Datestamped seemed pretty ambitious, to shoot each and every day, what started it? Did you stumble onto it or set out upon it from the start?
It was really a combination of things falling into place. I had been shooting film on my Grandfather’s old viewfinder Agfa (1/125 fastest shutter) for several years. After using a series of pretty bad SLRs I decided I wanted something that actually worked. Purchased a Canon EOS 50 from trademe. Found out it had the ability to put the date on the photo and I was set.
I was new to Wellington so I could just jump on my bike and go somewhere I’d never been before. Why did I have to do it every day? Shit knows - I like a challenge?
Didn’t know I would commit to 850 days hah!
A large project is a great learning tool, do you feel it has changed your photographic style?
Well, before datestamped I took bad photos 99% of the time. I reckon I’ve greatly increased the amount of keepers but I’d be fooling myself to think I don’t still shoot a significant proportion of trash haha. In terms of style, I still like the same photos I liked 5 years ago, but I have a better eye for it now.
When shooting daily did you have a minimum or maximum quantity of shots?
I just had to take at least one photo per day. Most days it would just be one, some days up to 10. At the other end of the scale, I shot a whole roll at the climate march in about 20 minutes.
Your composed style is quite haunting and solitary yet your street work is quite the opposite, is this a balance that you strive for or is it a case of street is harder to be solitary?
I’m always searching for one-off moments. On the street that’s usually going to involve people, whether they are doing something odd or if they’re just in the right place, it’s very reactionary. Away from the street things happen a lot slower but I’m still looking for scenes which are temporary. It might be fog, certain windows lit up, or just light/colour combinations.
With the end of Datestamped, due to the date stamp on your camera not increasing past 2019, are you going to tackle any large projects? Any projects on the go?
I’ve got a couple on-going personal projects which I hope will be books one day. They’re more focused on ideas than Datestamped was. Also I’m planning a retrospective exhibition to close the Datestamped chapter once congregation is allowed! Lastly, I want to take more photos for people/events/businesses this year.
With a long term project inspiration can be hard to come by, how did you tackle this?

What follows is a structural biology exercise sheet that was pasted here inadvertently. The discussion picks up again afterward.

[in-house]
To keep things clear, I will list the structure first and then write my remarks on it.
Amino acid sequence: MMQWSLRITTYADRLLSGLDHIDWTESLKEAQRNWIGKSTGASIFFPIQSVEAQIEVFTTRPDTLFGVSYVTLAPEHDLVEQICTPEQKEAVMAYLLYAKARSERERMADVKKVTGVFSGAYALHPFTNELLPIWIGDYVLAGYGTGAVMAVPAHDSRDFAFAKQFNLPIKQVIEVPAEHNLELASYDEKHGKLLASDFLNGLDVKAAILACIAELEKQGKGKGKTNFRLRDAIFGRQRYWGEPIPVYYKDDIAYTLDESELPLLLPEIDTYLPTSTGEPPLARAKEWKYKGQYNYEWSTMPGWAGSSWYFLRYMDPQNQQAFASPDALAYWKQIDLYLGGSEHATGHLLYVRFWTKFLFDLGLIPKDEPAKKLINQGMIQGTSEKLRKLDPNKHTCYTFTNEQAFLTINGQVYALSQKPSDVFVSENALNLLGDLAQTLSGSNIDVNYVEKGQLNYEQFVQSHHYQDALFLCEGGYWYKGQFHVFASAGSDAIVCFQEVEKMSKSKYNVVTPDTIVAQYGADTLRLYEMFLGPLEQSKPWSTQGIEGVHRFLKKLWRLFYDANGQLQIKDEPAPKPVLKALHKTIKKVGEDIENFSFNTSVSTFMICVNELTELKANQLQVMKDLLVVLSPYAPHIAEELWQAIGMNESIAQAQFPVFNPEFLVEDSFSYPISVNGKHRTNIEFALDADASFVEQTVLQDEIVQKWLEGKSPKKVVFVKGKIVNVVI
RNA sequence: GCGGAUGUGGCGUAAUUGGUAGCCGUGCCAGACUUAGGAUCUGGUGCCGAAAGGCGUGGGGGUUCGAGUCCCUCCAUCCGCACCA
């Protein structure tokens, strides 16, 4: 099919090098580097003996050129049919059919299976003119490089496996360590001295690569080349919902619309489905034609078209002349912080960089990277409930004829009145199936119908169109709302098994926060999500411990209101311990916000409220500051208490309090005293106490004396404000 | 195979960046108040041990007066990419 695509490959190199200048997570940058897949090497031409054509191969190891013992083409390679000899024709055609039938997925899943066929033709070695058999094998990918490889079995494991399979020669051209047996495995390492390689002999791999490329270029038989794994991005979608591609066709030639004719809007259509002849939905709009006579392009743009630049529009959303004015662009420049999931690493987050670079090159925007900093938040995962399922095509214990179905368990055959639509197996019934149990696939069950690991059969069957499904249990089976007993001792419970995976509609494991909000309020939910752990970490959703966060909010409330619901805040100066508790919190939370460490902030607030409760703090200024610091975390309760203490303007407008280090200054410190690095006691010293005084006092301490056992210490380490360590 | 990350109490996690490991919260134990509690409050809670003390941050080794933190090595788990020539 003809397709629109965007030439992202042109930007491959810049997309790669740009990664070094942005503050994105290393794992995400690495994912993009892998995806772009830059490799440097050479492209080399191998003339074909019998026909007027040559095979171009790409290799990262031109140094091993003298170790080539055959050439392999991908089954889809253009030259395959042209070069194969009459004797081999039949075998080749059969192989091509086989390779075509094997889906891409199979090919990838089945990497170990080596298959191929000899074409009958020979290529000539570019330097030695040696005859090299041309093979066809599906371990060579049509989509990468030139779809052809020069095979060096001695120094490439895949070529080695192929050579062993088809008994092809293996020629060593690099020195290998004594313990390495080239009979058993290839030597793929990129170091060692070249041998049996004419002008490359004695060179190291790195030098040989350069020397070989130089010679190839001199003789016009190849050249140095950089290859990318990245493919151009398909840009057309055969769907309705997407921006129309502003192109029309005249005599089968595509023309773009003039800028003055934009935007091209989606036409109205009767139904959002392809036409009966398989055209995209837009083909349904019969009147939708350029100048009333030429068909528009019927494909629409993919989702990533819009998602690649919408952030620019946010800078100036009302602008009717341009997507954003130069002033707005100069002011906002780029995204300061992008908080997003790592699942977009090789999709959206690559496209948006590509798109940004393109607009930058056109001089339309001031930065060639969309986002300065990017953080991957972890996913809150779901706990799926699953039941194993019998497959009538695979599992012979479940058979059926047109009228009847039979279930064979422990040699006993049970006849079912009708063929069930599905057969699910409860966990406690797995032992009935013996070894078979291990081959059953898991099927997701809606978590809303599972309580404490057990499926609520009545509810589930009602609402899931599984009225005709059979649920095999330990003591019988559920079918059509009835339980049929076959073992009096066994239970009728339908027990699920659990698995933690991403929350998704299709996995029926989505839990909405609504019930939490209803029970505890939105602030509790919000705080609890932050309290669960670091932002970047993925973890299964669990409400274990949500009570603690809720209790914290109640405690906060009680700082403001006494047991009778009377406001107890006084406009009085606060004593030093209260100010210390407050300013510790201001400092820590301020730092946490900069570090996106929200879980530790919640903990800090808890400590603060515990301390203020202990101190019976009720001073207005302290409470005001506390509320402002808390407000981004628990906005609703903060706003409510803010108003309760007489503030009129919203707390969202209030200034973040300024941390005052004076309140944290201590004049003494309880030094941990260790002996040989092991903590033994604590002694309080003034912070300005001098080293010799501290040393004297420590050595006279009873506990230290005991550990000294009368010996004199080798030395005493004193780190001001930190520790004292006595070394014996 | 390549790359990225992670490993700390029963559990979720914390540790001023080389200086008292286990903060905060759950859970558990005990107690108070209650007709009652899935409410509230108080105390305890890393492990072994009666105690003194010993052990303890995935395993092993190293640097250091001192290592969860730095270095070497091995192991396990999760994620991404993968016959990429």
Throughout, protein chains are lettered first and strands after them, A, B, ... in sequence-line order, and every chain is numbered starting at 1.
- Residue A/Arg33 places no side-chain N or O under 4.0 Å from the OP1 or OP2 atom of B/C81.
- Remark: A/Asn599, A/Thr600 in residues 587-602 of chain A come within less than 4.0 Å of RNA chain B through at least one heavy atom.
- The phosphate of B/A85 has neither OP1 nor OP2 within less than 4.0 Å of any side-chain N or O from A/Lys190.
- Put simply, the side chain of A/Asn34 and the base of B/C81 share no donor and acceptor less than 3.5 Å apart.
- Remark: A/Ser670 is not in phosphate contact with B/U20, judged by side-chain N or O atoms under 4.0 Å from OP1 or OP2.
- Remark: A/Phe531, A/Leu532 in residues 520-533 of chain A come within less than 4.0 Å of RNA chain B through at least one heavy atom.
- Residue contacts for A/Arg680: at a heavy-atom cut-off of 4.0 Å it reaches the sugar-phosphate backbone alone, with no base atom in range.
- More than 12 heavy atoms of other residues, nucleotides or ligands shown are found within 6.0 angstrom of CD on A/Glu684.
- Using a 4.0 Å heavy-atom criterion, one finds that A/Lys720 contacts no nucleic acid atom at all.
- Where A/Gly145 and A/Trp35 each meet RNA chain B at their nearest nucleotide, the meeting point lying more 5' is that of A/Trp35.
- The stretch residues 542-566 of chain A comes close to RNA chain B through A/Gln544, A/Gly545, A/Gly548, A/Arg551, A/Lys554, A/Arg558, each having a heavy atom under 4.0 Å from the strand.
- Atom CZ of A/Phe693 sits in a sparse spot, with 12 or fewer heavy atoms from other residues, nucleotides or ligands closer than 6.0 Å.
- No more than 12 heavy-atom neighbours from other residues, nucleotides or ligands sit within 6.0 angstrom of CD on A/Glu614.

I know that all too well - there are plenty of uninspired photos in the Datestamped archive that will never see the light of day hahah. I basically took my camera everywhere, to work, on bike rides. I don’t like sitting still so it’s very easy for me to chuck my headphones on and go for a walk. Knowing that at least one photo from each day was going to be posted gave me some motivation to at least give it a decent attempt. The worst days were when I’d not shot anything by bed time - lucky for me I have a very patient/understanding/supportive girlfriend who got called into frame on many occasions haha.
Looking back on Datestamped do you feel the project, overall, improve your photography? I’ve always been a fan of shooting to improve and fine tune your ‘voice’ do you think a project on the scale of Datestamped helped you with this and would you recommend it to anyone else?
Without a doubt, I’m a far more competent photographer now. I pushed myself to shoot in environments I never would have before - taking photos of subjects I hadn’t attempted previously. I’m a firm believer in progression driving progression. You’re only going to get better at taking photos by taking photos.
Would I recommend taking a photo a day for 850 days? I wouldn’t start out with that as a goal, in fact I’d only recommend it if someone had a strong desire to take photos. I mean don’t start if you expect to take ‘good’ photos each and every day - that sounds stressful haha. You’ve got to be invested in the process - getting out there, seeing what photos can be taken.
Quick fire ten questions
35mm or 120?
35mm for snapping, 120 on the tripod.
Colour or B&W?
B&W, if I really had to choose. It’d be like losing an eye though.
Zoom Lenses or Fixed?
Fixed, based on compact size.
Portrait or Landscape (Orientation)?
Shoot more landscape but it’s the scene that depicts the orientation.
Flash or Natural Light?
Natural light - but using more flash as necessary.
SLR (or TLR) or Rangefinder or Point and Shoot?
RF just cause my canonet is so small/usable.
Must be razor sharp or more about the aesthetic?
Somewhere in between.
Honestly, the canonet QL17. Compact, quiet and nondescript.
Guy Bolongaro (@bandini3000)
Favourite Photo Book?